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The user is prompted for input. The value he or she enters in the prompt box is
assigned to the variable age . (See Figure 5.17.)
If the value of age is greater than 55, the value to the right of the ? is assigned to
the variable price ; if not, the value after the : is assigned to the variable price .
The alert dialog box displays the value of the variable price . (See Figure 5.18.)
Figure 5.17 The user enters 12 . This value is assigned to the variable age in the
Figure 5.18 Because the age is not greater than 55 , the price is assigned 7.50 .
5.2.8 Bitwise Operators
Most of us represent numbers in decimal base 10, a number system based on 10 values
starting from 0 to 9; such as $50.00 or 2011. The HTML color codes are represented in
hexadecimal, base 16, which uses 16 distinct symbols: 0-9 and A-F. The color cyan is
#00FFFF and fuschia is #FF00FF. Computers store data in binary, base 2, two values
either 0 or 1, called bits. A byte is made up of 8 bits, a word is two bytes, or 16 bits, and
two words together are called a double word or dword, which is a 32-bit value. Today,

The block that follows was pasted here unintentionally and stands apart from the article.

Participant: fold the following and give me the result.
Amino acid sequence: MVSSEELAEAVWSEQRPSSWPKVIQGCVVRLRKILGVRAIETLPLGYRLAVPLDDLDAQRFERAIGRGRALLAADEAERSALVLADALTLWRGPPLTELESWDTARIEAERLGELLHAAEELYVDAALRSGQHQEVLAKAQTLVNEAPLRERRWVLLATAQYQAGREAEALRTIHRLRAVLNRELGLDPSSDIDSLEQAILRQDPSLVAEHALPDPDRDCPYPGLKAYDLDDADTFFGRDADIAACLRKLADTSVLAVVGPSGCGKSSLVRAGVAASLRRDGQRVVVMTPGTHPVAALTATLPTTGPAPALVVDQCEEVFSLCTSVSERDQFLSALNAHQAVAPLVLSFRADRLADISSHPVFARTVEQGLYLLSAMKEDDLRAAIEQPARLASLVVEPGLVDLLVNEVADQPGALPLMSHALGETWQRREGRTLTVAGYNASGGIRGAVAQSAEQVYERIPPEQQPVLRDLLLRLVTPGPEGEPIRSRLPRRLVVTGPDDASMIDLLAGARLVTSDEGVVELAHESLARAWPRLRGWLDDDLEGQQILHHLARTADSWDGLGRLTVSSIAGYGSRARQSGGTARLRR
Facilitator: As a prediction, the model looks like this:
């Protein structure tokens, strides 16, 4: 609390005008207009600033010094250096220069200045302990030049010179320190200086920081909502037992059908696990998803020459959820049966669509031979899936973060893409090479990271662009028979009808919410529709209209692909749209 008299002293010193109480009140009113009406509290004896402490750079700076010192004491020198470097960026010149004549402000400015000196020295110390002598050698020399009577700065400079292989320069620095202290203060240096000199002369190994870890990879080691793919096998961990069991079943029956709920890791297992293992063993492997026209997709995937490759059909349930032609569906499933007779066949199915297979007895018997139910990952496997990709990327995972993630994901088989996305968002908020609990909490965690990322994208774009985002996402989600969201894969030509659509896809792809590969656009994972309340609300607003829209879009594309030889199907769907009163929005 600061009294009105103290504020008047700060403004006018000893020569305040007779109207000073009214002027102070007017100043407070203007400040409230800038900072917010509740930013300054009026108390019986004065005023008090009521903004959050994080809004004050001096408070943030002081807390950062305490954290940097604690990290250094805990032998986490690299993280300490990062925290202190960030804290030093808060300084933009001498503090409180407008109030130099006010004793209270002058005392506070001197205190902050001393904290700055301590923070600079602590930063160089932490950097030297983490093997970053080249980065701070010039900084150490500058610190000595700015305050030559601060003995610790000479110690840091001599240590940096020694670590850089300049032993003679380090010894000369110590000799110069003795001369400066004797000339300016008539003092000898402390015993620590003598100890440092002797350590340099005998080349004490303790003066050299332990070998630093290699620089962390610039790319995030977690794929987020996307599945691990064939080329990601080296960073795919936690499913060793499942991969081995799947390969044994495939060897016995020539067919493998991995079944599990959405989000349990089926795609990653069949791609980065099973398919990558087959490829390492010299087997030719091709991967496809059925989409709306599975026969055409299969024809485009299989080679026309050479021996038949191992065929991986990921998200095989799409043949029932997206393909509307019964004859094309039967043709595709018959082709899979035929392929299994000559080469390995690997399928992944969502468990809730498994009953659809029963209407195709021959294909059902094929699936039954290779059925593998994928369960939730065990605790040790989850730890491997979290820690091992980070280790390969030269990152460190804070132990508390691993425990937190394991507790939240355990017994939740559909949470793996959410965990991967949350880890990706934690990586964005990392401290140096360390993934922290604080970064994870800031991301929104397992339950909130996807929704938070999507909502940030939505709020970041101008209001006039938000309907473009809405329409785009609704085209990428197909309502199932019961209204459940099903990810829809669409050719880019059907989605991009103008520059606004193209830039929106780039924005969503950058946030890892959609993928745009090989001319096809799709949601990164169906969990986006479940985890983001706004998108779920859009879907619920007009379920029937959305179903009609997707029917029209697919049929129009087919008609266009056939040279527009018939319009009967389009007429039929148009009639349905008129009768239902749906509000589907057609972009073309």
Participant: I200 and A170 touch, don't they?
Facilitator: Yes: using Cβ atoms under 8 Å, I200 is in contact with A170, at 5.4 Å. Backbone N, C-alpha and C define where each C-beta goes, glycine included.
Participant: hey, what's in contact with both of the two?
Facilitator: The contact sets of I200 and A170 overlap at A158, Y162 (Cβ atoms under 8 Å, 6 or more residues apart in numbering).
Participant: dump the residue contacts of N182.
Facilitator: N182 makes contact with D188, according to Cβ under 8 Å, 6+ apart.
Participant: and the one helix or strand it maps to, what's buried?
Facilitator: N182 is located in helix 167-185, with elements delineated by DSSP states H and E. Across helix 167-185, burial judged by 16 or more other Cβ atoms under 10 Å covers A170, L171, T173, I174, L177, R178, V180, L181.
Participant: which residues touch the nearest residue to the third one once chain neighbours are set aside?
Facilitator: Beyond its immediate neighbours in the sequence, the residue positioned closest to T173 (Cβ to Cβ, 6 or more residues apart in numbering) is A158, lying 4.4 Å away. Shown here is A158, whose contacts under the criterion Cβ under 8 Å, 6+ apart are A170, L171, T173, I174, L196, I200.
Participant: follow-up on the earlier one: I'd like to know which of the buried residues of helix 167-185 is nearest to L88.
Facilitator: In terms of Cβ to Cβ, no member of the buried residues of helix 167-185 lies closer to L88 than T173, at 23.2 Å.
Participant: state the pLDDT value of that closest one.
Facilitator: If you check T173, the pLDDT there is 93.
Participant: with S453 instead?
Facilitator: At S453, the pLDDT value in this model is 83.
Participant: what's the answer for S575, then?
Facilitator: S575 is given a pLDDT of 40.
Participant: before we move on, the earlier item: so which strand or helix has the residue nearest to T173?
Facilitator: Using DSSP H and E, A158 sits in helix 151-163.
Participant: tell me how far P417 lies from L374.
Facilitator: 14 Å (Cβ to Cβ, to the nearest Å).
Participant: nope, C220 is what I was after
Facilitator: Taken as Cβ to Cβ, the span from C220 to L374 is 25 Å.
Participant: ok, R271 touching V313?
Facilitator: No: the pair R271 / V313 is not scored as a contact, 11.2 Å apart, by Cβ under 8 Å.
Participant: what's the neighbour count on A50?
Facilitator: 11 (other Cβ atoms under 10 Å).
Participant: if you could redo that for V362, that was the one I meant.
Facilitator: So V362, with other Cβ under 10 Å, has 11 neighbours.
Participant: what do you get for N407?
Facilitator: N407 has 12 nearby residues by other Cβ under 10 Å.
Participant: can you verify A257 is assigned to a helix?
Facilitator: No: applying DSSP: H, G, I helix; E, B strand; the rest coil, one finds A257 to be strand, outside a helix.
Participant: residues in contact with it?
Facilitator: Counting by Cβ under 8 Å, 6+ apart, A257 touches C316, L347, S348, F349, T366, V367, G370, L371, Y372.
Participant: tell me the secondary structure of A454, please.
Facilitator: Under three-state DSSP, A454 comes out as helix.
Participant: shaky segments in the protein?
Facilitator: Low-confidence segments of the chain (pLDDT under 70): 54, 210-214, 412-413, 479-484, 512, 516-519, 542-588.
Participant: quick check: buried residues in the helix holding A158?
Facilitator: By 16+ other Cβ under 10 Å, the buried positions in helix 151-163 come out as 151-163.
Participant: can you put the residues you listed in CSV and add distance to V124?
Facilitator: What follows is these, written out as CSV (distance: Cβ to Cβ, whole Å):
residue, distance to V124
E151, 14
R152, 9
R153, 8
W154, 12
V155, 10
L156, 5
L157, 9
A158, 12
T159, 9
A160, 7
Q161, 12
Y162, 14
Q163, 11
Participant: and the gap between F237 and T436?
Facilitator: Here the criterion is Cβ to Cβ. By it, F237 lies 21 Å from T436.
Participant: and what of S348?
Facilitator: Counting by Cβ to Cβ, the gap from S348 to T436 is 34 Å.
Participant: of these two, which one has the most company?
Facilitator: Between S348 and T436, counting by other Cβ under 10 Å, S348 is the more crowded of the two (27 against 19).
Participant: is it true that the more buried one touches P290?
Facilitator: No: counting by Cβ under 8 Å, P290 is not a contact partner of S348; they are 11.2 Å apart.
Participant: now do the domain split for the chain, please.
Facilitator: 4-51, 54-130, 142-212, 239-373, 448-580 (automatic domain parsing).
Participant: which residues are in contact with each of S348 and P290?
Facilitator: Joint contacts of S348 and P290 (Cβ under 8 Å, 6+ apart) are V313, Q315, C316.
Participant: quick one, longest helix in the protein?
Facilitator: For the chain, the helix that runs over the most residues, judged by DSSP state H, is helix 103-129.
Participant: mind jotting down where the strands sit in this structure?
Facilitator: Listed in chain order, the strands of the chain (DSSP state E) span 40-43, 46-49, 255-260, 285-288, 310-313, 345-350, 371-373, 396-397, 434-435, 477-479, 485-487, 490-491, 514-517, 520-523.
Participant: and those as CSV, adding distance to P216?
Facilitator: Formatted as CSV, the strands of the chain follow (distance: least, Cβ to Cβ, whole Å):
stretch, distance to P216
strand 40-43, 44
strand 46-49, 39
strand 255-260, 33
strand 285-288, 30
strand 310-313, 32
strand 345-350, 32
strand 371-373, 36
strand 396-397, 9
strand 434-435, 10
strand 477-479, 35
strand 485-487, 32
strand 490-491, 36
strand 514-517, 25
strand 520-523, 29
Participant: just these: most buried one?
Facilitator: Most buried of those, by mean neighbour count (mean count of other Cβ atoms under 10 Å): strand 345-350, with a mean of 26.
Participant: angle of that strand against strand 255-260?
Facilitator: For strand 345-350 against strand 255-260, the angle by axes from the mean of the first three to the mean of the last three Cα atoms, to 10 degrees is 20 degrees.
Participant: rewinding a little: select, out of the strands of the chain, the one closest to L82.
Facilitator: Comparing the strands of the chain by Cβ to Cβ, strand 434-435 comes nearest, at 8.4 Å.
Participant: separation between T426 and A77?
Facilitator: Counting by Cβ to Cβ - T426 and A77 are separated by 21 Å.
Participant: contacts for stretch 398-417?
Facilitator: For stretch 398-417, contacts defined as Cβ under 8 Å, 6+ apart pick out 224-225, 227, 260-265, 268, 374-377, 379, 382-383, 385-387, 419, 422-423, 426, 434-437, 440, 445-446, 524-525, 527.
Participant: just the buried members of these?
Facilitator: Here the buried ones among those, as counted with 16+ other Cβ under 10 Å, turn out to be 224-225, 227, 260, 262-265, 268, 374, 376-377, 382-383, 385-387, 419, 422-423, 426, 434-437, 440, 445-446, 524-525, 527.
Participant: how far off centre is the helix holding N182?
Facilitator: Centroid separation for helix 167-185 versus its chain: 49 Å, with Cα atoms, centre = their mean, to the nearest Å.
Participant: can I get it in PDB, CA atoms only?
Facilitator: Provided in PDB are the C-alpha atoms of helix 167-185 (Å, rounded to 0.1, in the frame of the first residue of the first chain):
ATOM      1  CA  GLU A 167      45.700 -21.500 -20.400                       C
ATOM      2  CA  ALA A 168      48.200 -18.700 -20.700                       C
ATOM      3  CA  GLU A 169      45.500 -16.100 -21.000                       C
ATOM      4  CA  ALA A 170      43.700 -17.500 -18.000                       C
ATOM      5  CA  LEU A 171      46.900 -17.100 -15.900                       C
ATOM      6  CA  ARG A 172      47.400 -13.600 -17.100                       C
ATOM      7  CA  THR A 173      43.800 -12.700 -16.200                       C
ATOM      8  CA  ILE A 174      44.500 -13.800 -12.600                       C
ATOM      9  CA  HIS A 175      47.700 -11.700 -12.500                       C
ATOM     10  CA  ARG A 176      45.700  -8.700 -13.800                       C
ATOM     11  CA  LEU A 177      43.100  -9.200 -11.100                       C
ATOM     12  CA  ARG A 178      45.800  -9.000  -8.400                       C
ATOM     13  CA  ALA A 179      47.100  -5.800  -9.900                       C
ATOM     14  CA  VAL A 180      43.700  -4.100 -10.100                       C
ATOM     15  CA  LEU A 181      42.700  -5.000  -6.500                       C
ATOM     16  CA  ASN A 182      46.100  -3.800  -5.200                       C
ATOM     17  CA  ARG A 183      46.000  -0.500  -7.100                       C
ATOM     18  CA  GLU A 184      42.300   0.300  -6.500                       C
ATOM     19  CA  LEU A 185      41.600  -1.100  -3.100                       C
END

64-bit processors have become the standard for most modern systems. Because the pro-
cessor uses binary numbers, when performing low-level programming, such as writing
device drivers, graphics, and data compression, bitwise operations are necessary, tasks
that are more suitable to languages like C or Java.
“Bitwise operators treat their operands as a set of 32 bits (zeros and ones), rather
than as decimal, hexadecimal, or octal numbers. For example, the decimal number
nine has a binary representation of 1001. Bitwise operators perform their operations
on such binary representations, but they return standard JavaScript numeric values.”
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